Kalikkama was the husband of the daughter of Manakanchara Nayanar, a Nayanar saint as well as Vellalar commander-in-chief of the Cholas. He appears in the account about his father-in-law in the Periya Puranam. Kalikkama's wife is sometimes called Punniya Vardhini; she is not named in the Periya Puranam. On the day of their wedding, Shiva came disguised as a Shaiva ascetic and asked for the hair of the bride, before Kalikkama arrived. Unmindful of the possibility that the bridegroom may not accept a bald bride, Manakanchara Nayanar cut off her hair and gave it to the ascetic. Shiva revealed his divine form and blessed the family. The bride's looks were also restored. Kalikkama and his wedding party arrived at the place and got to know what had happened. Kalikkama regretted that he missed to see his patron god Shiva. He felt that if he would have married to the bride when Shiva asked for the hair, he would have had the honour of gifting Shiva.[9][10]


The images of the Nayanars are found in many Shiva temples in Tamil Nadu.

Sundarar venerates Eyarkon Kalikkama Nayanar (called Kalikkaman, the prince of Eyars) in the Tiruthonda Thogai, a hymn to Nayanar saints.[8] An earlier hymn to Shiva recalls Eyarkon Kalikkama, who owned twelve velis (a unit of measure) of land and was cured of disease by Shiva, where Shiva had said to bring showers to the twelve velis of land in drought.[8]

Eyarkon Kalikkama Nayanar is worshipped in the Tamil month of Aani, when the moon enters the Revati nakshatra (lunar mansion). He is depicted wearing a crown, with folded hands (see Anjali mudra) and sometimes with a sword in the crook of his arm. He receives collective worship as part of the 63 Nayanars. Their icons and brief accounts of his deeds are found in many Shiva temples in Tamil Nadu. Their images are taken out in procession in festivals.[4]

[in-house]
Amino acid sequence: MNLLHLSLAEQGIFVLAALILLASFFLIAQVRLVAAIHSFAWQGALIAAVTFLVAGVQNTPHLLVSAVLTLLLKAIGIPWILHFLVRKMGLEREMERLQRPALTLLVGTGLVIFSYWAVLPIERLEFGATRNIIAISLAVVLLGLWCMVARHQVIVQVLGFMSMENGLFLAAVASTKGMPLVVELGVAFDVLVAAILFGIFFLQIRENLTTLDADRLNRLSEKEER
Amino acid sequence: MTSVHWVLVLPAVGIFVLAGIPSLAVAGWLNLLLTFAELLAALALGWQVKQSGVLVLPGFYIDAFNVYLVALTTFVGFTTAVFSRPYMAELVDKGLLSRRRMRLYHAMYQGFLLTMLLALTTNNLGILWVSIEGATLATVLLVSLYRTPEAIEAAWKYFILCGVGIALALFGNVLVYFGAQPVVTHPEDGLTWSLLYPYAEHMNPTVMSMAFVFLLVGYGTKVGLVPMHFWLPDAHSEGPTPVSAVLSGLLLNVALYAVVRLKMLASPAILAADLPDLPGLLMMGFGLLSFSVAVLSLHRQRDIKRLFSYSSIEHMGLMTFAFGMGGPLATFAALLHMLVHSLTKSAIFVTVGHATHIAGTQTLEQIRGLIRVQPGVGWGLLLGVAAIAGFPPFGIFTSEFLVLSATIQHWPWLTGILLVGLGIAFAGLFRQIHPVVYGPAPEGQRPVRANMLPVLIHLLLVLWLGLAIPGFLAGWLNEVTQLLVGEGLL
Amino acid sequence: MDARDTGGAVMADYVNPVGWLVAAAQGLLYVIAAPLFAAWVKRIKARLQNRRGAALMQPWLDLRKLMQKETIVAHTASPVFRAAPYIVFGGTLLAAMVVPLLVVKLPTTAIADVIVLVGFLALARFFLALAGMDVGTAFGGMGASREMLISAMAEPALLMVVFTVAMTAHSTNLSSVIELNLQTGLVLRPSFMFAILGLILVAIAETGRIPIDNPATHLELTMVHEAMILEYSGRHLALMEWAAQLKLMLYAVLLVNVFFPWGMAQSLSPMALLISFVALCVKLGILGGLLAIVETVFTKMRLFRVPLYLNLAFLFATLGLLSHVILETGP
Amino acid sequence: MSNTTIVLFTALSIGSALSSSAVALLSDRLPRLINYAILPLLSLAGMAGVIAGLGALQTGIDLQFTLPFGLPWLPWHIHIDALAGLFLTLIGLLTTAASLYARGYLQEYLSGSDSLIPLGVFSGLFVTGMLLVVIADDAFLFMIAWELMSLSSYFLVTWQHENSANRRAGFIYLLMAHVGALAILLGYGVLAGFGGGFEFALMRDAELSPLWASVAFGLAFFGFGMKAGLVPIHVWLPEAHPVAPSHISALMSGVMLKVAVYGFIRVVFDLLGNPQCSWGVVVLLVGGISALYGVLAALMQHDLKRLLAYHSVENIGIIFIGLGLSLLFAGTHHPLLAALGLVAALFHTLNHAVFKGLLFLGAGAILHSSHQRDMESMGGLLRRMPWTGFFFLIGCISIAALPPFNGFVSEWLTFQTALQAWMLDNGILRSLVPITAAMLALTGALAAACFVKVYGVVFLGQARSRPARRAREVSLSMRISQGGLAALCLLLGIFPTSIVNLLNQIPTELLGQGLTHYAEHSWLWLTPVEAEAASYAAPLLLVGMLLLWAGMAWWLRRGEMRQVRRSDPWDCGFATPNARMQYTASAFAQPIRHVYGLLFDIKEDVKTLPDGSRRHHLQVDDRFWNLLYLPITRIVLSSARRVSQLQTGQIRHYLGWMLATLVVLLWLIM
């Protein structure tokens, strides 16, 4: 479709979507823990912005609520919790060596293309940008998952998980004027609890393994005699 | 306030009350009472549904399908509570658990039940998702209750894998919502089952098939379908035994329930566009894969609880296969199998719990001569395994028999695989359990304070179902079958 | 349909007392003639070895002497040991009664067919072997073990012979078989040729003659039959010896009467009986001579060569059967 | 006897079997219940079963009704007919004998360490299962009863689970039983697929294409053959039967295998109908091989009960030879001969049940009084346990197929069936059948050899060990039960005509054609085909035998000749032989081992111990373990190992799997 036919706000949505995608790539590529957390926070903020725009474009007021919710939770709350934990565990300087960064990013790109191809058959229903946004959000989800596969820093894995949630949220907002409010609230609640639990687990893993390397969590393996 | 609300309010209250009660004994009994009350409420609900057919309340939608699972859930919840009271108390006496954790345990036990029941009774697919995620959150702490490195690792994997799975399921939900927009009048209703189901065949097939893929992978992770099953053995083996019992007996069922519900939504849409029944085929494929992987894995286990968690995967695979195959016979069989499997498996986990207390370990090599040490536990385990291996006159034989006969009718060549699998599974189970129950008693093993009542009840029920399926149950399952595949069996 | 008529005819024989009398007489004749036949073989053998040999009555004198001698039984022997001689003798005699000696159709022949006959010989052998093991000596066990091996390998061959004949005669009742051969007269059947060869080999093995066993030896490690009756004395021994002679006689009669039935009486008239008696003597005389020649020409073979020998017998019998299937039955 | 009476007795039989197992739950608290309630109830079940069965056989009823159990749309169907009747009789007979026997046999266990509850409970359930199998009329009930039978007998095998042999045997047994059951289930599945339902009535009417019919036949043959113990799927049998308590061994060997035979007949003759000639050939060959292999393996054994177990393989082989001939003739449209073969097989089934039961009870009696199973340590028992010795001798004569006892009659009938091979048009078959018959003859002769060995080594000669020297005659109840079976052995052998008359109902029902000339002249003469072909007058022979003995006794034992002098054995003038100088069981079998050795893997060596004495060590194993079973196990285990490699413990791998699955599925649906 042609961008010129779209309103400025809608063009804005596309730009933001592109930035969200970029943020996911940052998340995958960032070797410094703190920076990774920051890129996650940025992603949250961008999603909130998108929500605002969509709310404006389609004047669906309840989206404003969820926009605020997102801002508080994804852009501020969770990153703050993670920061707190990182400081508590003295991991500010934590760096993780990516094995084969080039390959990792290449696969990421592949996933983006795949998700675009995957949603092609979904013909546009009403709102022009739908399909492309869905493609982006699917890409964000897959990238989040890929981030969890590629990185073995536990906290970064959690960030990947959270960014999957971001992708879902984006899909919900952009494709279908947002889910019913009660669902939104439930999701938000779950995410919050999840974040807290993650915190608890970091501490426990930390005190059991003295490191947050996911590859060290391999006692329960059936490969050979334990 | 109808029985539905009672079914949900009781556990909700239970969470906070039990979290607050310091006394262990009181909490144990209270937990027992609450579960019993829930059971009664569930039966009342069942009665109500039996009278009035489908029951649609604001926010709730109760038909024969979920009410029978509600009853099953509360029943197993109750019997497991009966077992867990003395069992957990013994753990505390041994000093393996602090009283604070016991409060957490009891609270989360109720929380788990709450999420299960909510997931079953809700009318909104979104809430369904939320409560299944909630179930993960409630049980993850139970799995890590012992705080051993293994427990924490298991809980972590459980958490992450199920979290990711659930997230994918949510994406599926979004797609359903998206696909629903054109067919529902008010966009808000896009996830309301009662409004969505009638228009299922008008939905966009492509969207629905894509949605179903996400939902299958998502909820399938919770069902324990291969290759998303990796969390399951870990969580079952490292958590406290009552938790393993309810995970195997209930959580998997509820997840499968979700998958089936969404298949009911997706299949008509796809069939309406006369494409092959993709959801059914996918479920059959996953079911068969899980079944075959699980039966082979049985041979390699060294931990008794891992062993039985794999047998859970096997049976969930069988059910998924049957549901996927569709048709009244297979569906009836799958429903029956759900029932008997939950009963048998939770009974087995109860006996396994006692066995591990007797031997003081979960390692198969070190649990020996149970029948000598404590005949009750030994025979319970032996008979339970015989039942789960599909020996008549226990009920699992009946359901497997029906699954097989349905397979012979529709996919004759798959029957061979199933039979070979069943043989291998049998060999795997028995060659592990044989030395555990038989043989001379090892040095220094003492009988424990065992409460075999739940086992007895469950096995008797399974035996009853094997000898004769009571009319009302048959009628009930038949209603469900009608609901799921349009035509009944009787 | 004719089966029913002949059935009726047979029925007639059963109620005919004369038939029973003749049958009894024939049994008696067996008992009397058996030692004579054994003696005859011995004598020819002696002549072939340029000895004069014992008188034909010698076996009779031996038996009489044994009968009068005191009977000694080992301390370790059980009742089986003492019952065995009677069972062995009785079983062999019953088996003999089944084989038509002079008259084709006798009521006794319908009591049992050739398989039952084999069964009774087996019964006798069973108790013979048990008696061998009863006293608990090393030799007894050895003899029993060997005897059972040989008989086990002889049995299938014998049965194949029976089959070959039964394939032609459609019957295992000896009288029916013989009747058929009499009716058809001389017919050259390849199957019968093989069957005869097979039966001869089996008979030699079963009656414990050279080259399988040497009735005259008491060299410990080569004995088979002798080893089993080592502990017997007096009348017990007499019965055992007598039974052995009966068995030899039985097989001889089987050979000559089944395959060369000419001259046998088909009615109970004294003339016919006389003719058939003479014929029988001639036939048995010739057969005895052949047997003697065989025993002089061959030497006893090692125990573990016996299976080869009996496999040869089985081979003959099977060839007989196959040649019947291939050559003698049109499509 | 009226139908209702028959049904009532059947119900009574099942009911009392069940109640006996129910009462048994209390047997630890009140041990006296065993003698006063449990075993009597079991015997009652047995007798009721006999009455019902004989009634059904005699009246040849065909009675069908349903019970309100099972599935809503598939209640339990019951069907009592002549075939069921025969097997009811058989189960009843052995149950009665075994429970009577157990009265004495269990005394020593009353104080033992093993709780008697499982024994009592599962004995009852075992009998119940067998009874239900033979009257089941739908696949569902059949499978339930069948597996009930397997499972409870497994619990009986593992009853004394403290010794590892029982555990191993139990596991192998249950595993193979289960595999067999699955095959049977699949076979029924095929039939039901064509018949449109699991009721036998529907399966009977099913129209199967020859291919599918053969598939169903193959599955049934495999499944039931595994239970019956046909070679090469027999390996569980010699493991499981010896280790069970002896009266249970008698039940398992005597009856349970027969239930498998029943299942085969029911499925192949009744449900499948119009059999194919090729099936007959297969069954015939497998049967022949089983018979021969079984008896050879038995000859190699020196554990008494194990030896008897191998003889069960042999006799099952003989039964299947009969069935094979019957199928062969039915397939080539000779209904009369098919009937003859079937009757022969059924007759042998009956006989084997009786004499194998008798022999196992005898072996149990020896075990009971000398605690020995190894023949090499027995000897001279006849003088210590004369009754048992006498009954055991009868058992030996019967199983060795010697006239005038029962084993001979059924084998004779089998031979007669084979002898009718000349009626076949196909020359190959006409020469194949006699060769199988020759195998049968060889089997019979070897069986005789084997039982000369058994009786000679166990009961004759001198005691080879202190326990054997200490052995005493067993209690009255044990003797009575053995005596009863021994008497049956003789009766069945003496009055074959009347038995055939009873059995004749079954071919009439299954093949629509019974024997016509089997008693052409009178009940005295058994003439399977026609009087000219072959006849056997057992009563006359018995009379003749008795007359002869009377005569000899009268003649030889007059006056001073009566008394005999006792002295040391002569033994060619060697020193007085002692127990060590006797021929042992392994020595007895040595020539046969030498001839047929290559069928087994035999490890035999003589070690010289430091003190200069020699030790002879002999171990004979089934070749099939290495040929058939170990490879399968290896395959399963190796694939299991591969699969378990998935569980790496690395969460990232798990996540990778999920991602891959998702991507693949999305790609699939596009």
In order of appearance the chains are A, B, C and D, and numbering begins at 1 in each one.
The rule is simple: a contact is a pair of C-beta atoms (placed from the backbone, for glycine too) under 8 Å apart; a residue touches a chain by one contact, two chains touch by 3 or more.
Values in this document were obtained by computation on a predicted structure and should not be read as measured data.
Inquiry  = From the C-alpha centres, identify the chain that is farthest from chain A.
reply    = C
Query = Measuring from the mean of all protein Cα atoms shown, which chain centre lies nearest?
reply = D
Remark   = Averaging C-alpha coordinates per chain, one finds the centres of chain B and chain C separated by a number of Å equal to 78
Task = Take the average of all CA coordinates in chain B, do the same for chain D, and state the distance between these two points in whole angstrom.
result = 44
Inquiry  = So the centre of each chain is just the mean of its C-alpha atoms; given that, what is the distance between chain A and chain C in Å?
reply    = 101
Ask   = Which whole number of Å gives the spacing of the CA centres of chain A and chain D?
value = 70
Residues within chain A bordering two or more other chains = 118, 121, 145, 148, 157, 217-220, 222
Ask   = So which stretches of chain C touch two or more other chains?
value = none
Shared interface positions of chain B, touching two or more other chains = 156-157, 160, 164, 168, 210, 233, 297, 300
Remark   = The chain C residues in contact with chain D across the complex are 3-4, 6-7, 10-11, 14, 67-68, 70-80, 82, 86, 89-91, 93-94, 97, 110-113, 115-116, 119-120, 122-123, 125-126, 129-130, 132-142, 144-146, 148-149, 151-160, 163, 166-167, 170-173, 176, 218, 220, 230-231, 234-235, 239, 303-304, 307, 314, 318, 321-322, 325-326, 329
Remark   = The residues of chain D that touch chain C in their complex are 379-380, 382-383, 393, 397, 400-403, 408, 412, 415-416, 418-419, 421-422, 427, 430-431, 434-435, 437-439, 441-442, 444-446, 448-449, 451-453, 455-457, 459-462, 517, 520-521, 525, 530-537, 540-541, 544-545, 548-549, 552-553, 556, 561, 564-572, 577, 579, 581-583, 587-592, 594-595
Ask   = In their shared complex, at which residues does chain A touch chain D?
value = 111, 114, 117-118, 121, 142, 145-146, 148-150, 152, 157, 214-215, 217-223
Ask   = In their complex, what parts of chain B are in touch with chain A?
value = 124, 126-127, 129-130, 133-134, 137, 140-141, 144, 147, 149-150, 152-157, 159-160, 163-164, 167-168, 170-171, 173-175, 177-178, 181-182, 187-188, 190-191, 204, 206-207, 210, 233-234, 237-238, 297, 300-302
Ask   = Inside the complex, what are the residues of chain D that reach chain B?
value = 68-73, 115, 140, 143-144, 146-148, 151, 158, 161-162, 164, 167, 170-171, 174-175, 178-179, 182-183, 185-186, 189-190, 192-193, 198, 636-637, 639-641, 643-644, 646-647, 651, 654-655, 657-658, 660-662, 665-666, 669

1. ^ Vamadeva, C. (1995). The Concept of Van̲n̲an̲pu "violent Love" in Tamil Saivism: With Special Reference to the Periyapurāṇam. Acta Universitatis Upsaliensis: Historia religionum. Uppsala University. p. 101. ISBN 978-91-628-1577-6. Retrieved 19 December 2022.
  2. ^ a b "Tamil Lexicon". The Digital South Asia Library (in Latin). 1 February 2005. Retrieved 19 December 2022.
  3. ^ a b Venkataraman, M. (2022). Nayanmars: The Shaivite Saints. Venkataraman M. p. 121. Retrieved 19 December 2022.
  4. ^ a b c Roshen Dalal (2011). Hinduism: An Alphabetical Guide. Penguin Books India. p. 281. ISBN 978-0-14-341421-6.
  5. ^ "The Puranam of Eyarkone Kalikkama Nayanar". T N Ramachandran. Retrieved 15 December 2014.
  6. ^ Dehejia, Vidya (1988). Slaves of the Lord: The Path of the Tamil Saints. Munshiram Manoharlal. p. 178. ISBN 978-8-12150-044-9.:"EYARKON KALIKAMAR Caste : vaishya ( vellala )"
  7. ^ Hiltebeitel, Alf. Criminal Gods and Demon Devotees: Essays on the Guardians of Popular Hinduism. SUNY Press. pp. 378–80. ISBN 978-1-4384-0671-8.
  8. ^ a b c d Poems to Śiva: The Hymns of the Tamil Saints. Motilal Banarsidass. 1991. pp. 330–3. ISBN 978-81-208-0784-6.
  9. ^ a b Swami Sivananda (1999). Sixty-three Nayanar Saints (4 ed.). Sivanandanagar: The Divine Life Society.
  10. ^ "Sri Panchavateeswarar temple". Dinamalar. Retrieved 15 December 2014.